Foods are frequently complex, with many coexisting phases of matter, and are deliberately created as metastable materials.
To take an extreme example, ice cream has a crystalline ice phase (so in some sense is a high-temperature ceramic) but also a sugar syrup, prevented from freezing by the osmotic pressure of solutes, which undergoes a liquid-liquid phase separation because of the dissolved polymers. There is also a fat phase (which is not only crystalline, but contains liquid oil at warmer temperatures), air phase, and a whole set of two-dimensional phases where proteins and diglycerides compete for space at the interfaces between other components. Margarines, dressings, soups and sauces present similar complexities.
In all cases, the lowest free energy state is nothing like the product that is sold, so, during processing, one needs to hit a tiny and unstable target in the space of possible structures – and to do this as fast as possible while using a minimum of energy. That structure needs to stay intact for perhaps months of storage under conditions similar to when it’s eaten, but, when it is finally consumed, the microstructure needs to fall apart just so, to give a nutritious and tasty experience.
All of the steps in this chain involve complex physics that needs to be understood to improve both foods and food processing, and which can be probed through advanced measurement techniques. No single technique is able to cover to cover all of the interesting length scales in evolving food structures, from nanometres (typical of macromolecules) to hundreds of microns; and light scattering, electron and confocal optical microscopy and X-ray tomography are all brought to bear. Magnetic resonance imaging may be needed to follow the breakdown of food during digestion, where the rapidly changing pH, dilution, and hydrolysis of polymers can push food materials into domains of fractal flocculation long beloved of statistical physicists. Imaging is not the only area of concern – structure is primarily important for the effect it has on texture, so it is also necessary to measure the mechanical properties both of the bulk food (rheology), and of the surfaces of air bubbles and fat droplets, since the coarsening of structure is often driven by the free-energy gains from eliminating interfaces.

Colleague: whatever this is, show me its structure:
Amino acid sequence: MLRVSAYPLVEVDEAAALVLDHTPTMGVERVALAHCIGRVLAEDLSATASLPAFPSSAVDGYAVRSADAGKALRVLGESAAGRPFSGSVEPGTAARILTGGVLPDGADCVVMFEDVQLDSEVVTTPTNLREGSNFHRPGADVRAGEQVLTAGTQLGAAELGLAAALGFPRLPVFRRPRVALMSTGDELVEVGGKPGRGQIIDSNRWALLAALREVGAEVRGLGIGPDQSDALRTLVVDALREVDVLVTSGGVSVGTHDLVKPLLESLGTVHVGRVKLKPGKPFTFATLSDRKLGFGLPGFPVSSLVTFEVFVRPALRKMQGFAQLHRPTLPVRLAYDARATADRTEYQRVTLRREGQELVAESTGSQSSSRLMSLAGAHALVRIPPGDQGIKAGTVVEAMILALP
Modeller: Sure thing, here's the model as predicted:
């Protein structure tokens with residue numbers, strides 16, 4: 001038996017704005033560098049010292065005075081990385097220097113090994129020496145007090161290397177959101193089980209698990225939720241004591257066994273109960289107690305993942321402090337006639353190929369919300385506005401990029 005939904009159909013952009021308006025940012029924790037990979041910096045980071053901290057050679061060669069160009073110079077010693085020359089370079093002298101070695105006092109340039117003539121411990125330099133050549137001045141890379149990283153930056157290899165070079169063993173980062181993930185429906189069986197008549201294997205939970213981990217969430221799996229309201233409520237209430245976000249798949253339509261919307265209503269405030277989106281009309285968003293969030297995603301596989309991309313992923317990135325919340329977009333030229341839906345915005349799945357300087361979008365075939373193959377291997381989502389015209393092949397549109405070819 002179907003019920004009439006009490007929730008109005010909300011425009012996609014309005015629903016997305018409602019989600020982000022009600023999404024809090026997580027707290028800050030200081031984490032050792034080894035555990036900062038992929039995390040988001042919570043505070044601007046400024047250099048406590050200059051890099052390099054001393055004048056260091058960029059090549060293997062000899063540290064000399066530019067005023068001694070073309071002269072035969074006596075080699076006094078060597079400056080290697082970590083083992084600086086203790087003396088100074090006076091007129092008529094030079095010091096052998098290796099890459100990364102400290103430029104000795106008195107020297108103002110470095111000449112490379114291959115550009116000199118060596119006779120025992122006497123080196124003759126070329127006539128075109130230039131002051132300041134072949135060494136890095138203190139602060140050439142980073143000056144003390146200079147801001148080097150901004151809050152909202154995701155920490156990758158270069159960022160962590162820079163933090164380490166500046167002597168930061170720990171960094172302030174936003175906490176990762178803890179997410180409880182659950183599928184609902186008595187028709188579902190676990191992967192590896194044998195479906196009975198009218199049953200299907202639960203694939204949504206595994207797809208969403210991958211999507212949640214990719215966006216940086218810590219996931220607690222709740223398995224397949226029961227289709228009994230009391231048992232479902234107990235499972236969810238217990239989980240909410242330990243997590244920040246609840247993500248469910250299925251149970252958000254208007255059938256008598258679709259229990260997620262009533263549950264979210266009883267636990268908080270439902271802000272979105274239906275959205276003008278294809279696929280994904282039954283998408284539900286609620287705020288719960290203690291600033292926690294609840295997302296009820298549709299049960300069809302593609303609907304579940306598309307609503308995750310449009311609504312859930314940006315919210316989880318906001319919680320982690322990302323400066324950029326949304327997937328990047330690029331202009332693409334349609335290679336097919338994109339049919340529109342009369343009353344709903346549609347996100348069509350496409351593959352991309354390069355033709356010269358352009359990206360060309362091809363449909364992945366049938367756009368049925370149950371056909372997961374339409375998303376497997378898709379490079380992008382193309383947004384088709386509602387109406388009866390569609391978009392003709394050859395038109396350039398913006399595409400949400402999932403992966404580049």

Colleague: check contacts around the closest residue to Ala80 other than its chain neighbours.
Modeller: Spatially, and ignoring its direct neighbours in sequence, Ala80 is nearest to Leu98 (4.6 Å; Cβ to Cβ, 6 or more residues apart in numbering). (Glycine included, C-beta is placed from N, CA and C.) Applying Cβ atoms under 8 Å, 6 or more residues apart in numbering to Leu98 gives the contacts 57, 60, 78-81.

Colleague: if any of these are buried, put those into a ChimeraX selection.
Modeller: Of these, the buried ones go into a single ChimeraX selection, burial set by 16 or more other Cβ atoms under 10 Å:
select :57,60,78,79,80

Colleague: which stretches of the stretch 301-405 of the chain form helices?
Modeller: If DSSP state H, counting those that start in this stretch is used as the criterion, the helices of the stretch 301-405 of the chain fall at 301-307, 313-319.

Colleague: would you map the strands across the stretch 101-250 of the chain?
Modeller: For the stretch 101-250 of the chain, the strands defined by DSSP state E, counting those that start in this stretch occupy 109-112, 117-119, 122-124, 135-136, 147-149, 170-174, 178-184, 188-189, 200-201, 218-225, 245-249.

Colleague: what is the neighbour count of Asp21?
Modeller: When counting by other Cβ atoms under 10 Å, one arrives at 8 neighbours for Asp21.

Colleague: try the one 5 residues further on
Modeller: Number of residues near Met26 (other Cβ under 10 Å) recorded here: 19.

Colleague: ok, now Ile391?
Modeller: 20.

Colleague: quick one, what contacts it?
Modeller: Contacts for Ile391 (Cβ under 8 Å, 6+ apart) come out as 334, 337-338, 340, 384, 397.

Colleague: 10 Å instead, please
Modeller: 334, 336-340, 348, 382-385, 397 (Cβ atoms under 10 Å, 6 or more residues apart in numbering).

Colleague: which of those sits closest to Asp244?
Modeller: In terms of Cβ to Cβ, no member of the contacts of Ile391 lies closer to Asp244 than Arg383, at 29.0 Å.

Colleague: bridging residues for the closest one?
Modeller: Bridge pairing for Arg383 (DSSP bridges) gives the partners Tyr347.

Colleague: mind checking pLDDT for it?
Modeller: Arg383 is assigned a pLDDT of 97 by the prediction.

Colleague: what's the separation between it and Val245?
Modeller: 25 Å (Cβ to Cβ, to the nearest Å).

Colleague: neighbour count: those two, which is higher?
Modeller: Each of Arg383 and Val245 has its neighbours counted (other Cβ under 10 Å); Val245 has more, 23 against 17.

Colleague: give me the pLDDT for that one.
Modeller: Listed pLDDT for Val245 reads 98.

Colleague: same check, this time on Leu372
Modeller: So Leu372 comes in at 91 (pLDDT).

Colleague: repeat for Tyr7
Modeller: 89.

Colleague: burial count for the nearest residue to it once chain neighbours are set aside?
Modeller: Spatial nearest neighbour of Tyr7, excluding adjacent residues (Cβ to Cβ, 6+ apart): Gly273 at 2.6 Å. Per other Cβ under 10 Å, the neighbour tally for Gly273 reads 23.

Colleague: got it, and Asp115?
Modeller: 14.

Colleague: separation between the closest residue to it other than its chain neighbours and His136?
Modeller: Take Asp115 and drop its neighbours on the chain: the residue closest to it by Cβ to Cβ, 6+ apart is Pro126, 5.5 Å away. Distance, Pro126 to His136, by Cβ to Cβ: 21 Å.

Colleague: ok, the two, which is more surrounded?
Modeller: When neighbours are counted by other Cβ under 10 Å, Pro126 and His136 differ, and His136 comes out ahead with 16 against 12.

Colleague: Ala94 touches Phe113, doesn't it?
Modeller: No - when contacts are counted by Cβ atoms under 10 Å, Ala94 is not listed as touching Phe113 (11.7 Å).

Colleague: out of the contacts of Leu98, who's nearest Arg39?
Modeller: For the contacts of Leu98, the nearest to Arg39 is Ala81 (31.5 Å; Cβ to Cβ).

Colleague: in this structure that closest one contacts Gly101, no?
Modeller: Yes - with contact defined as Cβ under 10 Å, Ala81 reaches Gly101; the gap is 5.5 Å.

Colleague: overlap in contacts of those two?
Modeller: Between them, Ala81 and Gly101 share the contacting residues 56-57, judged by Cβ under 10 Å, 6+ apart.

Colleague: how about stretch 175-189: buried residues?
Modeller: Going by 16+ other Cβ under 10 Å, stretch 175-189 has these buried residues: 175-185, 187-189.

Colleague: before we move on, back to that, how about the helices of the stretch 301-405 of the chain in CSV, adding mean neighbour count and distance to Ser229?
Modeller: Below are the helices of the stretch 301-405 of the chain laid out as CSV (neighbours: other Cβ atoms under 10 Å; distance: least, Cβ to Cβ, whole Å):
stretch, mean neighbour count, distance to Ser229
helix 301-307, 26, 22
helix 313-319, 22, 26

In recent years, simulation has been playing an ever larger role in the food industry. For example, new processing equipment is often tested in silico before being trialled in reality, and computational fluid dynamics can be brought to bear on anything from reducing the energy usage of new freezer cabinets to choosing the best design of teabag (pyramidal) to enhance flavour infusion. Despite this, the simulation of complex, evolving microstructures in the large-scale flows typical of processing machinery remains a serious challenge for the industry.
Lastly, it’s tempting to imagine that sophisticated measuring equipment and high-powered silicon are the sine qua non of modern food research. However, as in so many fields, there is no substitute for good thinking. Even quite pure pencil-and-paper theoretical work can be used to address interesting practical questions in manufacturing. For example, many foods are packed particulate systems, whether emulsion drops in a mayonnaise or salt crystals in a dry bouillon, and recent work on sphere packing has led to a new heuristic for predicting random close packing fractions of polydisperse particles – an important parameter that determines many mechanical properties of these types of system.
- This an extract from the IOP report The Health of Physics in UK Food Manufacturing, due to be launched at PepsiCo on 21 October. Follow the launch event on Twitter.